“I have the good for­tune of call­Ing many places home, and mum­baI Is one of them”

was do­ing.” Her mar­riage to full-time mu­sic pro­ducer and also part-time trav­eller Mikey McCleary, from New Zealand, there­fore, she as­serts, had more to do with him than any idea she has of the in­sti­tu­tion. They met in Mum­bai, and that’s what pro­longed her stay in the city. (They are now par­ents to a baby girl, Sky Aria Basu-McCleary).

An­other long-last­ing love af­fair she “stum­bled into” in Mum­bai, was with writ­ing. “At some point you re­alise, you’re wast­ing a lot of time, sit­ting in rick­shaws, go­ing from place to place as op­posed to ac­tu­ally act­ing,” says Basu. “It had to hap­pen. I had to be a writer. I don’t want to use the word ‘call­ing’ be­cause that’s an an­noy­ing word but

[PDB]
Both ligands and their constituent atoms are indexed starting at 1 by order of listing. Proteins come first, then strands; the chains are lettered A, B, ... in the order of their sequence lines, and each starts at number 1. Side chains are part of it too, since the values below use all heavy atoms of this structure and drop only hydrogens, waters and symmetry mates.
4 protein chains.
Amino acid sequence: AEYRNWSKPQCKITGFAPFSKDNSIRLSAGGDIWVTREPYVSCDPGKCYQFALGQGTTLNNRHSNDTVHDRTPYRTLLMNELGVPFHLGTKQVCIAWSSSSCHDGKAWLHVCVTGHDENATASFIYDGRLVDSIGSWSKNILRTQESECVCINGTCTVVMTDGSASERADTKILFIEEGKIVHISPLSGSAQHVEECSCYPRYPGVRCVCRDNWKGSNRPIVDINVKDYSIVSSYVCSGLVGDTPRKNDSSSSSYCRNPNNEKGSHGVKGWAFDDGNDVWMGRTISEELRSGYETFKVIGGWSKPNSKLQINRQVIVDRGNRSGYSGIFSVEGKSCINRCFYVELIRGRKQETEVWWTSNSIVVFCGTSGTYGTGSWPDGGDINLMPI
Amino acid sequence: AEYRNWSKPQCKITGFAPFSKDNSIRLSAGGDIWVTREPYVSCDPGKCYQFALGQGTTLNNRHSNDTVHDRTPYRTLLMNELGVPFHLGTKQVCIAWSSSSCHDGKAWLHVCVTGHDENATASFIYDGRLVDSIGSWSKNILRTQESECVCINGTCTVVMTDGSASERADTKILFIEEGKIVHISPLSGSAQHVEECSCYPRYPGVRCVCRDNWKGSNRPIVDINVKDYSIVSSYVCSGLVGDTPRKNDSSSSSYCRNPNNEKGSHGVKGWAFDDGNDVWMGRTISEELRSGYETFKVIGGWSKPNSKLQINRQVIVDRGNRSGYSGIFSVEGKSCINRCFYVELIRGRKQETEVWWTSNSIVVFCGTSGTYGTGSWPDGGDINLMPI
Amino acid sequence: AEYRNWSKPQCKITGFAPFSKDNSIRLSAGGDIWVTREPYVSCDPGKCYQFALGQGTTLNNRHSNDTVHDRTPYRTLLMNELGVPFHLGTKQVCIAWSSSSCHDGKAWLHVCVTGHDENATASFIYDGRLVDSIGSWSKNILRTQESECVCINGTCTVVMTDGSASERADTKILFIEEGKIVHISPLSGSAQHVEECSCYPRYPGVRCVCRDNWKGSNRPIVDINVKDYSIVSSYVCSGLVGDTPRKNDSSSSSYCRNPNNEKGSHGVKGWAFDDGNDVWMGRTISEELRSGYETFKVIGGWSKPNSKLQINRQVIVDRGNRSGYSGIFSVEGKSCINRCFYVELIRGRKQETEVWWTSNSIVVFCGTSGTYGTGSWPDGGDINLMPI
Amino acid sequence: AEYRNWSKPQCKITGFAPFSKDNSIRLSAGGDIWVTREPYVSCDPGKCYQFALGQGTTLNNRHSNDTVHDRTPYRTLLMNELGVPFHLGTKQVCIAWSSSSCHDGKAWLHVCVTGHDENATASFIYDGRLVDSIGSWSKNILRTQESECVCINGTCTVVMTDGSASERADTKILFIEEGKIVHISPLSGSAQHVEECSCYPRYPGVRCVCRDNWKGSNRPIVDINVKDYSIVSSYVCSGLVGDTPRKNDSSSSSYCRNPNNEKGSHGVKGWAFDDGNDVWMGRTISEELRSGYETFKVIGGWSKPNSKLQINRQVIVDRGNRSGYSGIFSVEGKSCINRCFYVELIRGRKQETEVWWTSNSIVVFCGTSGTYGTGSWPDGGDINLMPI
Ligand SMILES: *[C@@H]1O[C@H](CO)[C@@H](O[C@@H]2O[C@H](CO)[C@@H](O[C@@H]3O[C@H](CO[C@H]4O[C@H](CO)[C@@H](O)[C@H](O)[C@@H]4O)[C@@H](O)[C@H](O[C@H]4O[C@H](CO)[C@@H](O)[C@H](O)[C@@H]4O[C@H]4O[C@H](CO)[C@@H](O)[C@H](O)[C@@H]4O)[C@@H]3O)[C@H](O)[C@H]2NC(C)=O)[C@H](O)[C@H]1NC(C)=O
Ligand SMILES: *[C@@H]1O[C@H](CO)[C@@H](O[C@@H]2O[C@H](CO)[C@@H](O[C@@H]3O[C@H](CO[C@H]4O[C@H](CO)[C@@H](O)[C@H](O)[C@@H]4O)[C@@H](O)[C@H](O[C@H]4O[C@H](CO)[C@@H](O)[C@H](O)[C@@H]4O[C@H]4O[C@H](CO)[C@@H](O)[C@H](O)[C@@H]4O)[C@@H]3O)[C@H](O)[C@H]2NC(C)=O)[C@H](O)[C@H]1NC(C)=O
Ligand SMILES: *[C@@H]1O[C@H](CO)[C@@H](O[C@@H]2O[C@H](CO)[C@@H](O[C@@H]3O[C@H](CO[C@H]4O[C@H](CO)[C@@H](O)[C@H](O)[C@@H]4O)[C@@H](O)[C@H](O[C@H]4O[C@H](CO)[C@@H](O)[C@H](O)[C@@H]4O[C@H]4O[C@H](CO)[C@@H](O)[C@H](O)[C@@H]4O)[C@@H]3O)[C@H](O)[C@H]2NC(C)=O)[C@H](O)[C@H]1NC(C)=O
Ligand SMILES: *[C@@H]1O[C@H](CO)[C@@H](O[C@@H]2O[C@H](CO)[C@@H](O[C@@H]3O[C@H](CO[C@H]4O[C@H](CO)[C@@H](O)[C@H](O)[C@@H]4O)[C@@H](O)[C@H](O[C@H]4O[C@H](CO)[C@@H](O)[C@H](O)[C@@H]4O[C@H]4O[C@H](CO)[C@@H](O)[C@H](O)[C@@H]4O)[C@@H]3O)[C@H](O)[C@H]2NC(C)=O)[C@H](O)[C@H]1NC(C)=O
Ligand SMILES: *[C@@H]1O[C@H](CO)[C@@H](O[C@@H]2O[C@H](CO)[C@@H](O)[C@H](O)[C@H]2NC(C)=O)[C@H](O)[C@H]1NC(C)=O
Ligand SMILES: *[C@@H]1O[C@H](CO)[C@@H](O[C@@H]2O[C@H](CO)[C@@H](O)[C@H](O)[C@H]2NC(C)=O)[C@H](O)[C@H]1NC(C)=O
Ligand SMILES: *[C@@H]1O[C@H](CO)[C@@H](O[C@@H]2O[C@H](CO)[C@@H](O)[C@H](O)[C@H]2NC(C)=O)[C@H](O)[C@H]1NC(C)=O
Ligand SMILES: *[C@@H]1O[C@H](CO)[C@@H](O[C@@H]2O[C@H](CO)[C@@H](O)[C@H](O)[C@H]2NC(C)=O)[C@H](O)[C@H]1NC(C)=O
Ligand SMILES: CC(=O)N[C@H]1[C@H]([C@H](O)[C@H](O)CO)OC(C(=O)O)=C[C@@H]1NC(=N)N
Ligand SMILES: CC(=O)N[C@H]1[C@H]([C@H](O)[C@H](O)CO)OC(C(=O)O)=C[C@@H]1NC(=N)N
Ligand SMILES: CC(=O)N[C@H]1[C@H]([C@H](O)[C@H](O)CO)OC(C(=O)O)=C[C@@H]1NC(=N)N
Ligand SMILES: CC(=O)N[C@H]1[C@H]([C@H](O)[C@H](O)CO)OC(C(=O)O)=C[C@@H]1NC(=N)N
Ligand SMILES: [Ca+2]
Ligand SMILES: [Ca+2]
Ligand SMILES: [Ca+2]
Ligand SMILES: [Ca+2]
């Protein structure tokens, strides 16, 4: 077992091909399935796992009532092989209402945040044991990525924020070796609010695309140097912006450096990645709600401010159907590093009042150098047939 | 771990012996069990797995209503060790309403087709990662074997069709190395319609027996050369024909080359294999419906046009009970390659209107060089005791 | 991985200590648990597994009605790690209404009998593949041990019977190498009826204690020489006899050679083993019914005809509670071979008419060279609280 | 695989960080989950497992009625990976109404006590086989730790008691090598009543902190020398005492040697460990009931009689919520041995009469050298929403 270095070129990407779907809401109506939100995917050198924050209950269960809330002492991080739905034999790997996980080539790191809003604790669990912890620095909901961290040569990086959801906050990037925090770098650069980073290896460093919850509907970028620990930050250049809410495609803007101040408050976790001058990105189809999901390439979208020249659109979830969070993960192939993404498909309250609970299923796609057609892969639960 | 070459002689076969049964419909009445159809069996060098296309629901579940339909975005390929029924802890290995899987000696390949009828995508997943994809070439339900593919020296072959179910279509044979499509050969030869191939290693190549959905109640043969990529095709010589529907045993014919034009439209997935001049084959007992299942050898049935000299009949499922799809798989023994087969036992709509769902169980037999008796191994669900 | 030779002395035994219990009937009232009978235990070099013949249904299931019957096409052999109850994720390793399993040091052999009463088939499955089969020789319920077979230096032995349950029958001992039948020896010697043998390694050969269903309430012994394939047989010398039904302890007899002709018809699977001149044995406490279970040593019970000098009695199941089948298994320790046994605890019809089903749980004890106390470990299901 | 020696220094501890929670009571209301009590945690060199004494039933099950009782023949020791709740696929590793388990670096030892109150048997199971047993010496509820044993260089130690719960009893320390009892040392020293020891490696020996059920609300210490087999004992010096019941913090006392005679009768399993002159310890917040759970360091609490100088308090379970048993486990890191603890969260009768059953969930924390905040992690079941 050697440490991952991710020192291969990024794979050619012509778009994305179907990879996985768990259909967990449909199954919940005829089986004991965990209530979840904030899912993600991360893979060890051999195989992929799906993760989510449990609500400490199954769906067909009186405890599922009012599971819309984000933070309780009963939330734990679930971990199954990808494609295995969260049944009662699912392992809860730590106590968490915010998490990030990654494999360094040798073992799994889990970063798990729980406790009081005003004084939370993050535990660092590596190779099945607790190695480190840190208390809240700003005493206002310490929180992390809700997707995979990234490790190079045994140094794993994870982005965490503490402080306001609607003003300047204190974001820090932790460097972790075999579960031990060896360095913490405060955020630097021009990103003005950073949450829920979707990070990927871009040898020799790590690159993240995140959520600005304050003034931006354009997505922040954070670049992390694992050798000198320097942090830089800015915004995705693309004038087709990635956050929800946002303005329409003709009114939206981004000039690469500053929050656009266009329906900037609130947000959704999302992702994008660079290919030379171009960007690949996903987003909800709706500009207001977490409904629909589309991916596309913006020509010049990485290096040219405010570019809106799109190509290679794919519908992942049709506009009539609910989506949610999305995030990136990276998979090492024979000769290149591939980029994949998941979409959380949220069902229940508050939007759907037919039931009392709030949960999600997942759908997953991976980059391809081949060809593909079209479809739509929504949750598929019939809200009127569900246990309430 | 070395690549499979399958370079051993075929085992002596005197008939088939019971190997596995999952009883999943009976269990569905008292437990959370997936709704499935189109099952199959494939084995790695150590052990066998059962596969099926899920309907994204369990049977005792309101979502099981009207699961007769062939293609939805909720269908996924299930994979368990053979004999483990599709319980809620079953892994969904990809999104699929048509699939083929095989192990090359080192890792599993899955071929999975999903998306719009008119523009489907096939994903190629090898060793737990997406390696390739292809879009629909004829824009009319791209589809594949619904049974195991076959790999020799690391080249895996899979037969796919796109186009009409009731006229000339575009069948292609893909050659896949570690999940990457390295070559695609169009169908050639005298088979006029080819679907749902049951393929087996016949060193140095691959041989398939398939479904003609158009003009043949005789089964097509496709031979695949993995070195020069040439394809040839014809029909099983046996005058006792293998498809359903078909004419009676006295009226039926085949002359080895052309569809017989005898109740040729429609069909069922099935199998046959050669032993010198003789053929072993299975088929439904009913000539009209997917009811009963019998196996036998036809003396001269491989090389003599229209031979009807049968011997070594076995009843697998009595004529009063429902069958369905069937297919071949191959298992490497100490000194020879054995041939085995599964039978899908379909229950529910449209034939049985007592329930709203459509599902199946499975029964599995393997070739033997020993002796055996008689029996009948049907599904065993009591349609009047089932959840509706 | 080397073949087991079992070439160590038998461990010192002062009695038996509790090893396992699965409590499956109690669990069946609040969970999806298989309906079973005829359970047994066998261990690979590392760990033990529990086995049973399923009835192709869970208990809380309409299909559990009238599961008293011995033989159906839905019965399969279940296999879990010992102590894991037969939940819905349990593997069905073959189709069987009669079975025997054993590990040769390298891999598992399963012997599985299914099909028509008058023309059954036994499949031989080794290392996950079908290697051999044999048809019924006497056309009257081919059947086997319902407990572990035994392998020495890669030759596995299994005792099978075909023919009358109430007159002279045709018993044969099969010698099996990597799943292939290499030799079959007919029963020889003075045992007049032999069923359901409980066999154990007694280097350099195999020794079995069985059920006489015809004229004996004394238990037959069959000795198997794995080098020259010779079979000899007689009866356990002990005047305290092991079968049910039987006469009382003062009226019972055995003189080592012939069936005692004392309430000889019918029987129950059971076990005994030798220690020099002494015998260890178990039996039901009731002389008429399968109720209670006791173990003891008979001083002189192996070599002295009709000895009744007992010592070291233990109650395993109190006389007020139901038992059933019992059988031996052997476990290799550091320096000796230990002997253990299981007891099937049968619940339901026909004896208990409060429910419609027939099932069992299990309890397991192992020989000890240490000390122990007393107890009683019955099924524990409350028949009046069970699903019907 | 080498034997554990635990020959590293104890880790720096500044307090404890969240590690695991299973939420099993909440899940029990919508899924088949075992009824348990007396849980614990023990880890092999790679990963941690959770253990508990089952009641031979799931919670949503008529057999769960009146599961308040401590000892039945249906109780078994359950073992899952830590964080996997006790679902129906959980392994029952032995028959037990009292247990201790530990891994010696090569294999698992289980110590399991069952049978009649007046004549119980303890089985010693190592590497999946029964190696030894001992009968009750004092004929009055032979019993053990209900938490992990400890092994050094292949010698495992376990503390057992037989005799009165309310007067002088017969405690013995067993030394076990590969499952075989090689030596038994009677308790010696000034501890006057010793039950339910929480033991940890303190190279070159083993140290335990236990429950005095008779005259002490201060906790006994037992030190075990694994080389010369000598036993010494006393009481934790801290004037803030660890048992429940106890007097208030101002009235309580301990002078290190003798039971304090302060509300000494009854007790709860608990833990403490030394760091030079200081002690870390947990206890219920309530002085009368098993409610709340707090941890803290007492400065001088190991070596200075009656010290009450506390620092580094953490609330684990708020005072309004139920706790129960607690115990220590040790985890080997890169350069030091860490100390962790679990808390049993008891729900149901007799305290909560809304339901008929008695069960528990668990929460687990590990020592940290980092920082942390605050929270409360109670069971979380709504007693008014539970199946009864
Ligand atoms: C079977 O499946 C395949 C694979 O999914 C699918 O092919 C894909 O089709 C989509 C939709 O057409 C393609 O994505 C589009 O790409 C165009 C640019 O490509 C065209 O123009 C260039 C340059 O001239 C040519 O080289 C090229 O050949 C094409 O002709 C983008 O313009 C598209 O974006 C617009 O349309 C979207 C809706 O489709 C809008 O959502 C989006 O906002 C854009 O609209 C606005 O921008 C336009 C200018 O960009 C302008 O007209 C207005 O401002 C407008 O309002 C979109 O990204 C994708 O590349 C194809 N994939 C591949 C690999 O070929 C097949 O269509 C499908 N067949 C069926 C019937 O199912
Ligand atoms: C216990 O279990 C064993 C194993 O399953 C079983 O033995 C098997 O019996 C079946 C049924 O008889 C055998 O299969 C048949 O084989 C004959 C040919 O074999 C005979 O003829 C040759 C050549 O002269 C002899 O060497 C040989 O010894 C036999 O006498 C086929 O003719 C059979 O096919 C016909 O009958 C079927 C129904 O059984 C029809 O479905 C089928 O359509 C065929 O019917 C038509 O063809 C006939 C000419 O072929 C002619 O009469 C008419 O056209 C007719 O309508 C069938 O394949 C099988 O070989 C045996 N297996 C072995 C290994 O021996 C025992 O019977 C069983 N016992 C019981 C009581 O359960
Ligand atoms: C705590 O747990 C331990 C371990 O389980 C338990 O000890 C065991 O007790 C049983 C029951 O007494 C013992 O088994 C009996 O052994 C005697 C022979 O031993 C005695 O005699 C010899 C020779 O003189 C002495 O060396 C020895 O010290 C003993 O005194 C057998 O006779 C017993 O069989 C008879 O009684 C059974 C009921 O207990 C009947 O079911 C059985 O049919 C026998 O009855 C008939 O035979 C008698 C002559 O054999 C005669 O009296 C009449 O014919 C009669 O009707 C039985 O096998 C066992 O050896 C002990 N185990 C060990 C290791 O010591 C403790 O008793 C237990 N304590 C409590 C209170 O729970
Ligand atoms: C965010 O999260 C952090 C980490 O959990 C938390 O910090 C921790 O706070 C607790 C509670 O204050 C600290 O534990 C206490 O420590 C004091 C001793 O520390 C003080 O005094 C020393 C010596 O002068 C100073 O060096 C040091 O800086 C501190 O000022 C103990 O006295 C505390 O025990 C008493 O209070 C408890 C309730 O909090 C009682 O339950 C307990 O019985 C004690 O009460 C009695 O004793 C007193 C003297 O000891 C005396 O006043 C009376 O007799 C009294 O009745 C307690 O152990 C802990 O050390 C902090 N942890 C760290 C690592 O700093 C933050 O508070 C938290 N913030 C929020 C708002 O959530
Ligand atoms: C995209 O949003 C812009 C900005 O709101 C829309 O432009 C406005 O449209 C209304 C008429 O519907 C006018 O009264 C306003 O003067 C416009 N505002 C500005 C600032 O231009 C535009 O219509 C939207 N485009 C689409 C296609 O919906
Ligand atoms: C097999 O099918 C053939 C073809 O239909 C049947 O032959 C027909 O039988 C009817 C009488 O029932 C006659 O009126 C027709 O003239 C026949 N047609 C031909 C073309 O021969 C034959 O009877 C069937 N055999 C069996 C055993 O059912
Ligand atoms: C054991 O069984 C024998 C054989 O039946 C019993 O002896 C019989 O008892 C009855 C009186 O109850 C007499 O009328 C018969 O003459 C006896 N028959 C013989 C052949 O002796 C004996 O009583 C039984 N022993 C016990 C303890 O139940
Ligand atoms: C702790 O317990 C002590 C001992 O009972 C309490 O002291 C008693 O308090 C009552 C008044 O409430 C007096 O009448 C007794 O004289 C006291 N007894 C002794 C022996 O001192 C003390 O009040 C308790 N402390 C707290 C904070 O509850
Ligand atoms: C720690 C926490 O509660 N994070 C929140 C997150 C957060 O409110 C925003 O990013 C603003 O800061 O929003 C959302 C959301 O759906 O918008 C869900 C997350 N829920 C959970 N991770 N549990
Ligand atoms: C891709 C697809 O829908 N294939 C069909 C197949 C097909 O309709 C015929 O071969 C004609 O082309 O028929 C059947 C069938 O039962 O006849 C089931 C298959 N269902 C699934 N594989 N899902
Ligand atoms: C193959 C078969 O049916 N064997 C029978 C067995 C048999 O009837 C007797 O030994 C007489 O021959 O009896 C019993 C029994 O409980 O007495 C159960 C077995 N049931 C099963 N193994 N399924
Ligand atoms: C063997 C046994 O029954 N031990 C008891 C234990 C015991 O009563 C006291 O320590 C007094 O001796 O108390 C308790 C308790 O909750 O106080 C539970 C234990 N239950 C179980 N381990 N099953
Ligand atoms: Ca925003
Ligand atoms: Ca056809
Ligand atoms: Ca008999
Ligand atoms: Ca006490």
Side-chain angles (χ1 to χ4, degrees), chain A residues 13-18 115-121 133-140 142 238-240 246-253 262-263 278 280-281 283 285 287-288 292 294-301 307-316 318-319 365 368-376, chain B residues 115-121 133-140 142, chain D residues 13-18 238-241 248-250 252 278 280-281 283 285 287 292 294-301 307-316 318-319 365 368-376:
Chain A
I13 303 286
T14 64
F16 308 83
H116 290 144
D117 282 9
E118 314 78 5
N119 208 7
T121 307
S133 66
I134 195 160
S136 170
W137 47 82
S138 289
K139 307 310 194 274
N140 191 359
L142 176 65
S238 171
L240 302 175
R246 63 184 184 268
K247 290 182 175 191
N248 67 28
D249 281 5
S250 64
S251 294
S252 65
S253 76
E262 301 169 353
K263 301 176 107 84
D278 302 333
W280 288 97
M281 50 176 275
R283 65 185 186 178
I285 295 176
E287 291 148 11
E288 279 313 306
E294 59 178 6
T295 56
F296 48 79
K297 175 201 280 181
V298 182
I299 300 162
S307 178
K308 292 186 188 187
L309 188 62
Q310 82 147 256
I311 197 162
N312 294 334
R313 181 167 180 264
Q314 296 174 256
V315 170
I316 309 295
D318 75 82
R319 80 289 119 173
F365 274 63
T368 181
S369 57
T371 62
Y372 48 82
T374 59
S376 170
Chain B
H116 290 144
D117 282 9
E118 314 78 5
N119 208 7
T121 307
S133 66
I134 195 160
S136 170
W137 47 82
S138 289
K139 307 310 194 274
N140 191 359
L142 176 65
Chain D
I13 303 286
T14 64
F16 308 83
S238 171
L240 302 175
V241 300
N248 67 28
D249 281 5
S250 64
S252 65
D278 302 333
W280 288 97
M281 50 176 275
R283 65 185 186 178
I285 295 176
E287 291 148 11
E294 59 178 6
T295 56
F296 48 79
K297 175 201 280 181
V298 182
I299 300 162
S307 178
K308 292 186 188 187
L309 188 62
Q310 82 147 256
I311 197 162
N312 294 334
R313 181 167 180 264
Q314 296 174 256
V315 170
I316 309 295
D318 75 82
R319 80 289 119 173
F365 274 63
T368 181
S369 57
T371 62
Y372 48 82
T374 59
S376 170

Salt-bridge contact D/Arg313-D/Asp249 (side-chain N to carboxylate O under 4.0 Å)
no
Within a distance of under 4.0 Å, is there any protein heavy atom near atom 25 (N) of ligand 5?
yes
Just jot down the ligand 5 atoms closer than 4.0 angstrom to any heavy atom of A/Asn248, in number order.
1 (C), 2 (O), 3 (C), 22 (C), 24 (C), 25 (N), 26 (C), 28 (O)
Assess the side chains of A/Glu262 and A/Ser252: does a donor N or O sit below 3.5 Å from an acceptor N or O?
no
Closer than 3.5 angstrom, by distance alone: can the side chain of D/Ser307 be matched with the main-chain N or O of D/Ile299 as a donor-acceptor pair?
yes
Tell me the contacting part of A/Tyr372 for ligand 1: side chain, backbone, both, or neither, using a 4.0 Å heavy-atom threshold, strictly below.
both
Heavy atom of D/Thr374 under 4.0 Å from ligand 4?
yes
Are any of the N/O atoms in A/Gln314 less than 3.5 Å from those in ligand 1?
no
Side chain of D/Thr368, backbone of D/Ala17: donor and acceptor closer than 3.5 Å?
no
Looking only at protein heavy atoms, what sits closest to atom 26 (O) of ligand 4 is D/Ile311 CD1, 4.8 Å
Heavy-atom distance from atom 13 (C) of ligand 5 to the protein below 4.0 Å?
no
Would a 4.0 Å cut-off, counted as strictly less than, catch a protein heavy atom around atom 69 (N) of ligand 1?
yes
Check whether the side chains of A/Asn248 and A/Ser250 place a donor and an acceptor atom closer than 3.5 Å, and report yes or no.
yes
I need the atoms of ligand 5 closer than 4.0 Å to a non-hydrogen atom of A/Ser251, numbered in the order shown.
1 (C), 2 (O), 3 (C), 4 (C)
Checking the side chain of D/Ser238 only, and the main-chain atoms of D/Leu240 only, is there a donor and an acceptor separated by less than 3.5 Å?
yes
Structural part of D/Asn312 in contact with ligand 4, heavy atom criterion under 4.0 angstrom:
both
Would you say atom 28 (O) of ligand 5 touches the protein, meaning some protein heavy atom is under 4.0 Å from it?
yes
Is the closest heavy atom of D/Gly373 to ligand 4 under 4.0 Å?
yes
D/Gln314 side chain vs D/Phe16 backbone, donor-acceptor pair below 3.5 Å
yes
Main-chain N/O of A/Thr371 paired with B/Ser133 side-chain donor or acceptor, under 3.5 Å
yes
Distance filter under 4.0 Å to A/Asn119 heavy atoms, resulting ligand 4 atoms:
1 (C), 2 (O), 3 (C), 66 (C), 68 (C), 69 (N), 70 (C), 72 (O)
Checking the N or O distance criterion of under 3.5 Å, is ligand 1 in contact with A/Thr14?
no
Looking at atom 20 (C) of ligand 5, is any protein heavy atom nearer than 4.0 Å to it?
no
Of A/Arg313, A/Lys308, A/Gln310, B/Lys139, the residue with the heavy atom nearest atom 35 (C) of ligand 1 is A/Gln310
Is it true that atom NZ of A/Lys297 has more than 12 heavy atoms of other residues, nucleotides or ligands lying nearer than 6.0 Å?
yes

when I started writ­ing, I felt freed.” So even­tu­ally, she packed that red suit­case once more and was off to New York to do a mas­ter of fine arts (MFA) from Columbia Univer­sity. That’s where her lat­est novel, The Wind­fall came into be­ing. What be­gan as short sto­ries dur­ing her mas­ters pro­gramme in Columbia soon turned into a funny, in­sight­ful and real ac­count of a mid­dle class fam­ily from Delhi fall­ing into money. The book traces the jour­ney of the Jha fam­ily, who lives in an apart­ment com­plex in East Delhi, be­fore pa­tri­arch Anil Jha, sells his web­site and makes a killing. It changes their lives emo­tion­ally, so­ci­o­log­i­cally and quite nat­u­rally, eco­nom­i­cally. Basu writes in great, easy-to-read, de­tail about the change, while also in­tro­duc­ing read­ers to char­ac­ters from dif­fer­ent strata of so­ci­ety and their re­sponse to th­ese changes. “If you lived in Delhi in the 90s, it was hard not to see the ex­plo­sion of wealth all around,” she says. The book ex­plores as­pects of life in the Cap­i­tal. Basu writes a non­pa­tro­n­is­ing per­spec­tive of watch­men man­ning gar­gan­tuan gates of Gur­gaon bun­ga­lows, the sex­u­al­ity of women across gen­er­a­tions and coun­tries, the ex­pe­ri­ence of a con­fused Jha prog­eny, Ru­pak, study­ing in New York and the crip­pling ef­fect money has on his fu­ture along with that of his fa­ther’s. “I think the main thing is, to avoid fall­ing into con­de­scen­sion against any­one—be it the rich or the poor. I feel so much af­fec­tion for each and ev­ery one of the char­ac­ters in this book,” she says.